The amazing story of two 40-something women on the path to matrimonial bliss

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Thursday, January 24, 2013

Is There a Book About That?

You've likely heard me use words like bumbling and stumbling among the lines of this here blog.  It's true, I do. While I have a strangely irrational competitive streak that pops up over the most random things, I have no impulses to be an expert on topics, industries and subjects.  I tend to think of myself as the perpetual and eternal student.  Years ago, I think it was my parents who were giving me a hard time and teasing me about my tendency to want to read up on anything and everything before I attempted it. I genuinely like the process of learning, exploring and investigating more than I need to be in the know.

Lucky for me (or maybe there was some intentionality to it?), Teri is a perpetual student too. She tends to be more of a serial student--she'll start out reading about one thing and that will quickly lead her into other subjects, other articles and other books.  I tend to be more of a devourer of everything I can find on one thing and not so likely to take detours. We both really love to ponder, chat about, and problem solve our way into unlearned territories.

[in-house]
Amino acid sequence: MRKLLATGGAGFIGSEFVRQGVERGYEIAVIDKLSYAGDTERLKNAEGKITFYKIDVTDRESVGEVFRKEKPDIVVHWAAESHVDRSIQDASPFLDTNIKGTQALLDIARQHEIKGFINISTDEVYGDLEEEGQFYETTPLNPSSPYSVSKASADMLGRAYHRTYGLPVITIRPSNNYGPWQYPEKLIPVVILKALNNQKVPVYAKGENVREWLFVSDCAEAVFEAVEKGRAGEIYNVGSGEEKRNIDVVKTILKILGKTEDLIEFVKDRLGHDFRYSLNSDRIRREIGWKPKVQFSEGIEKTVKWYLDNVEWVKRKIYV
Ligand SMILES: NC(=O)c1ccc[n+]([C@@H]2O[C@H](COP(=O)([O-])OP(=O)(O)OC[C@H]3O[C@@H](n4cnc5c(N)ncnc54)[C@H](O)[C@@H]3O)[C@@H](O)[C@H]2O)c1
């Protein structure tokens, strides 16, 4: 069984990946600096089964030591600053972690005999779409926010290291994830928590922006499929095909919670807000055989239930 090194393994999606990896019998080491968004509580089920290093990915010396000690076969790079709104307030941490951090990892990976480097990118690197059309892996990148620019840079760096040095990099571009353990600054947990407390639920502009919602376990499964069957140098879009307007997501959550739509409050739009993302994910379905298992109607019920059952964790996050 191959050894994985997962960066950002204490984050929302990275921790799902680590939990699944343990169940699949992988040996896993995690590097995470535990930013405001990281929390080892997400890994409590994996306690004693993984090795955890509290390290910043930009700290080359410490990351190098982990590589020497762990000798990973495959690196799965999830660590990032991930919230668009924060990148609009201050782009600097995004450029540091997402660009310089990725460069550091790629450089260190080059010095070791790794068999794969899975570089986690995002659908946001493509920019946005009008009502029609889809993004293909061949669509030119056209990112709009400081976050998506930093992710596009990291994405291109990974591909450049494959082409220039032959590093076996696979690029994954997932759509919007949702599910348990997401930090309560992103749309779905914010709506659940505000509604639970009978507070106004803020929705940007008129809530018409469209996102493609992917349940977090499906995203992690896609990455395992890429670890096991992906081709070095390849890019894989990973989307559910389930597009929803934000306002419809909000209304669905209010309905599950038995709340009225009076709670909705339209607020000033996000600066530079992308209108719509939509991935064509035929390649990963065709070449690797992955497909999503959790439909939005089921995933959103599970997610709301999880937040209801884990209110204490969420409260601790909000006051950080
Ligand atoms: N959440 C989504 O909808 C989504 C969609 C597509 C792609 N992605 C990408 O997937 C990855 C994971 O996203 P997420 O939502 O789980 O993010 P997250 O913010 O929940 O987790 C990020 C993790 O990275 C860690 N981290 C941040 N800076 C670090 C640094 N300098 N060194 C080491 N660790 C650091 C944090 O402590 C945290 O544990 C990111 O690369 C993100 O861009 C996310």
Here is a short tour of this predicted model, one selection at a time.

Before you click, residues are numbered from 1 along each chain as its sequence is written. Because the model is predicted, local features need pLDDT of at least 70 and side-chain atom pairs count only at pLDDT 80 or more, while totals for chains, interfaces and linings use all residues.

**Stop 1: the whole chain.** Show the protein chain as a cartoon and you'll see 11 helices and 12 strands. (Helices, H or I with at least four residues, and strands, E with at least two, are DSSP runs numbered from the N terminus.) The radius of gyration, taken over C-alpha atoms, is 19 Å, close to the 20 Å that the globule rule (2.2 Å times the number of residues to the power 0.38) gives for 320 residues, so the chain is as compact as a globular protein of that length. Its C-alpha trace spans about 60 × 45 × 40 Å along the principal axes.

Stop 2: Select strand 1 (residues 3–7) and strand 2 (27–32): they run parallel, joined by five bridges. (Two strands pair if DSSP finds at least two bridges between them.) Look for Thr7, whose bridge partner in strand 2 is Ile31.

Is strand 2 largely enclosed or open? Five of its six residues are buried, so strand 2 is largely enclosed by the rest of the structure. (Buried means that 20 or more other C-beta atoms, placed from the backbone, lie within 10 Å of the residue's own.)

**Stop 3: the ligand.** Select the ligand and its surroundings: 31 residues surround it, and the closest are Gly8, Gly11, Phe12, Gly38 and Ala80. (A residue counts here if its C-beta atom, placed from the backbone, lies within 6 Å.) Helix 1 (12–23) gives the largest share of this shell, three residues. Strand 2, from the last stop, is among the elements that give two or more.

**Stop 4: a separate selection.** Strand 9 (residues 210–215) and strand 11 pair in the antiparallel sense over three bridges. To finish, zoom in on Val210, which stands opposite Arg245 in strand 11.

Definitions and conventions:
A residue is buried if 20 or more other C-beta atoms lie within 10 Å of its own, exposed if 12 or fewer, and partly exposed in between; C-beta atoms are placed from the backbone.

I think if you were to ask folks who chat with me regularly, they might accuse me of a few go to phrases:
  • I'm going to attempt to...
  • I was reading about...
  • I read an article about...
  • Someone told me about this thing...
  • What do you know about...?
  • We'll see how it goes!
  • I'm trying this new...(recipe, tool, process, etc.)
  • This year/season/month, we're going to try...
  • I'm a little scared, but...!
I know, it doesn't exactly exude confidence or a vast stash of knowledge.  I suppose it even sounds a little noncommittal.  You probably picture a woman with a book in one hand and a hammer in the other (and that, in fact, is a pretty accurate image.) With a book in one hand, I've tripped and stumbled into all sorts of things I've learned and love: brewing beer, gardening, baking, marketing, parenting, knitting, and a few things it's probably better I don't mention! It has been a method that has sort-of worked for me on some levels.

In this clip-clop modern world of swirling opinions, it seems everyone has to be an expert. There seem to be millions of best ideas on surefire ways.  That sort of approach just doesn't turn me on.  I'd rather read a few conflicting articles and books and clomp in with a bumbling heart and an open mind.  After all, what's the worst that could happen?

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